Instead of analysing the now obvious threat of white supremacy, some of the country’s most influential political and media forces turned their sights onto vocal Muslims, while they were mourning the violent deaths of their kin.
So why is it necessary to interrogate white supremacy, especially its Australian flavour, right now? It’s been tempting for some to suggest that the shooter’s actions have nothing to do with Australia. The Prime Minister, Scott Morrison, said of the shooter: “Extremist terrorists have no nationality. Their only nationality is hate and violence. That's not our country and it's not New Zealand either."
I can understand the temptation to categorise the Christchurch terrorist as a deranged madman, disconnected from the rest of society. In some ways it’s comforting. It means we just need to deal with an individual and not a movement.
Unfortunately, the evidence suggests otherwise. We know that the shooter was not only inspired by and connected to a global network of far-right organisations, but was affiliated with well-known Australian organisations too. He was a financial supporter of and public enthusiast for the United Patriots Front, one of Australia’s most public white supremacist organisations. We know he watched their leader on Australian TV and expressed his support for them online. We know he sent death threats to Australians whose ideology he disagreed with.
As investigations continue and the trial unfolds know doubt we will learn more.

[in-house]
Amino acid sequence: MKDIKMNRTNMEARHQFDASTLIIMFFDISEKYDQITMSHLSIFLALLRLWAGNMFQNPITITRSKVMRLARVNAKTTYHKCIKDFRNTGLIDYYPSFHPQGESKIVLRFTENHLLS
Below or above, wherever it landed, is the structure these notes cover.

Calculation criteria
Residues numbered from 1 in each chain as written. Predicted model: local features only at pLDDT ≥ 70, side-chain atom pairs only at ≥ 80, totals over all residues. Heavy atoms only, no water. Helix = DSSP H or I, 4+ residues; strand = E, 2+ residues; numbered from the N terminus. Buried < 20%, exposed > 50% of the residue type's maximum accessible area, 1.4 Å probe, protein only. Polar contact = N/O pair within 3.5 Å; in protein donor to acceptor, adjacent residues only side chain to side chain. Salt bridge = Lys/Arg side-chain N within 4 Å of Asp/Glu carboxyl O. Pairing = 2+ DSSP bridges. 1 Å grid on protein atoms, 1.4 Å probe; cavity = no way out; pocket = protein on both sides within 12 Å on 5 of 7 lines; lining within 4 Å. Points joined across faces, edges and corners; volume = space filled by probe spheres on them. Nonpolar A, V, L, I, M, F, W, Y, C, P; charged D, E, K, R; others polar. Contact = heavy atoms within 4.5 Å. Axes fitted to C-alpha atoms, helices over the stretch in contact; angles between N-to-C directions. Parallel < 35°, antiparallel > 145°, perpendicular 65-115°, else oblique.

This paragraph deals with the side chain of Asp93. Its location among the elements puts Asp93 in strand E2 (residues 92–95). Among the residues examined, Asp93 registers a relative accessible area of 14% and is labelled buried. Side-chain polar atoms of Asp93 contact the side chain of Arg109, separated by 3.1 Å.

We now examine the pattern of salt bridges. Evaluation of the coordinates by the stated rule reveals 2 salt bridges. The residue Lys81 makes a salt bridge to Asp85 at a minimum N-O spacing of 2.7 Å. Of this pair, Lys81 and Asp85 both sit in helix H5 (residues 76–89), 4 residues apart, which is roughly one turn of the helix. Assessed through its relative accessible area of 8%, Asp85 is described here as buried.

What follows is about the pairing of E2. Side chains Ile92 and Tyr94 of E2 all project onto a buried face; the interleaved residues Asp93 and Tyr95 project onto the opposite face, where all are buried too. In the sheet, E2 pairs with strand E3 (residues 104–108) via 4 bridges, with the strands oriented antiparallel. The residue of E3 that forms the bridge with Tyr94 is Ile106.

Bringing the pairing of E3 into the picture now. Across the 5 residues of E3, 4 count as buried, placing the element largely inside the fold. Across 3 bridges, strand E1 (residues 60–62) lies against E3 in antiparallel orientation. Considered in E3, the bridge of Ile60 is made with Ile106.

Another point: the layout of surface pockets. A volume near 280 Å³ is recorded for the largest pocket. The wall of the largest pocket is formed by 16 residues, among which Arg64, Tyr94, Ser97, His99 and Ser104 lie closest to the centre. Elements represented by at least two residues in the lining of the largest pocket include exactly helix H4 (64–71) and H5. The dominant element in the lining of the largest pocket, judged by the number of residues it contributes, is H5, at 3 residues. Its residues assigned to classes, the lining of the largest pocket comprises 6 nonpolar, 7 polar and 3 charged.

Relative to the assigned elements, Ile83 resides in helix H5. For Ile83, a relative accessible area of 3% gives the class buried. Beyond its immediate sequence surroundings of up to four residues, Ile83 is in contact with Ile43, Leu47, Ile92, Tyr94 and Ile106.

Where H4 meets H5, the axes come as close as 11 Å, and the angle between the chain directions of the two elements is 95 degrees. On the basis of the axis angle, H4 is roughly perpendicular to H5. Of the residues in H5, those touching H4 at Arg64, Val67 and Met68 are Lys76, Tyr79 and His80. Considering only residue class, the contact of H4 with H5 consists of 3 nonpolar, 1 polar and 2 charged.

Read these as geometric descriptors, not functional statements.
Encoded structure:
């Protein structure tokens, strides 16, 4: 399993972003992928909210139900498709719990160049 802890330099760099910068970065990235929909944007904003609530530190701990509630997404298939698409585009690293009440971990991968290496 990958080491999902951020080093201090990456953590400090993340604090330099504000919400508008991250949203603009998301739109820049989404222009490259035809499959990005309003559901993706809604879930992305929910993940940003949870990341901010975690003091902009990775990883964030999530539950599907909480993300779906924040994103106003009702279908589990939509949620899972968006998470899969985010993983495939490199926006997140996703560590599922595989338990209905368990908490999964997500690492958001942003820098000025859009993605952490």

As tempting as it might be to dissociate ourselves and our politics, our media, our discourse, our culture, from what happened in Christchurch, it’s clear that we’d just be burying our heads in the sand. He was the product of a process happening here right now, and we have to confront it. If we don’t, we risk something like Christchurch, or worse, happening again.
But what can we do in the meantime? Especially those of us who might not have the influence that politicians or the mass media might? After the Christchurch attack my colleagues at ABC Life discussed the best way we could contribute to the public discussion, and help people feeling overwhelmed take back control and do something to make the world a better place.
I was extremely proud of the story we produced, which interviewed a diverse group of prominent Australians and asked them how we can all be better allies. At the time I wrote:
“Too often the responsibility of standing up against hate and division falls onto the shoulders of those marginalised groups and individuals who are its targets.
"Speaking out comes at a cost. But this burden doesn't need to be borne so disproportionately.
"Allies have a responsibility to speak out at the best of times. The world shouldn't be divided into those who seek to spread hate and those who are victimised by it, with everyone else watching on by the sidelines.”
It was written in moment of simultaneous despair and optimism. I was frustrated and scared by the lack of a serious response to what had happened. How were we at a point of attacking prominent Muslim Australians just days after Christchurch?
But I also felt, and still feel, that it isn’t too late. There’s nothing stopping any of us from having conversations, writing stories and speaking up. The world can feel overwhelming, and it certainly does right now. But most of us have the ability to do something about it, even if it feels like something small.
We don’t just owe it to the victims, we owe it to ourselves and the people who will inherit the kind of society we leave behind - the society we’re creating right now through our actions, or inactions.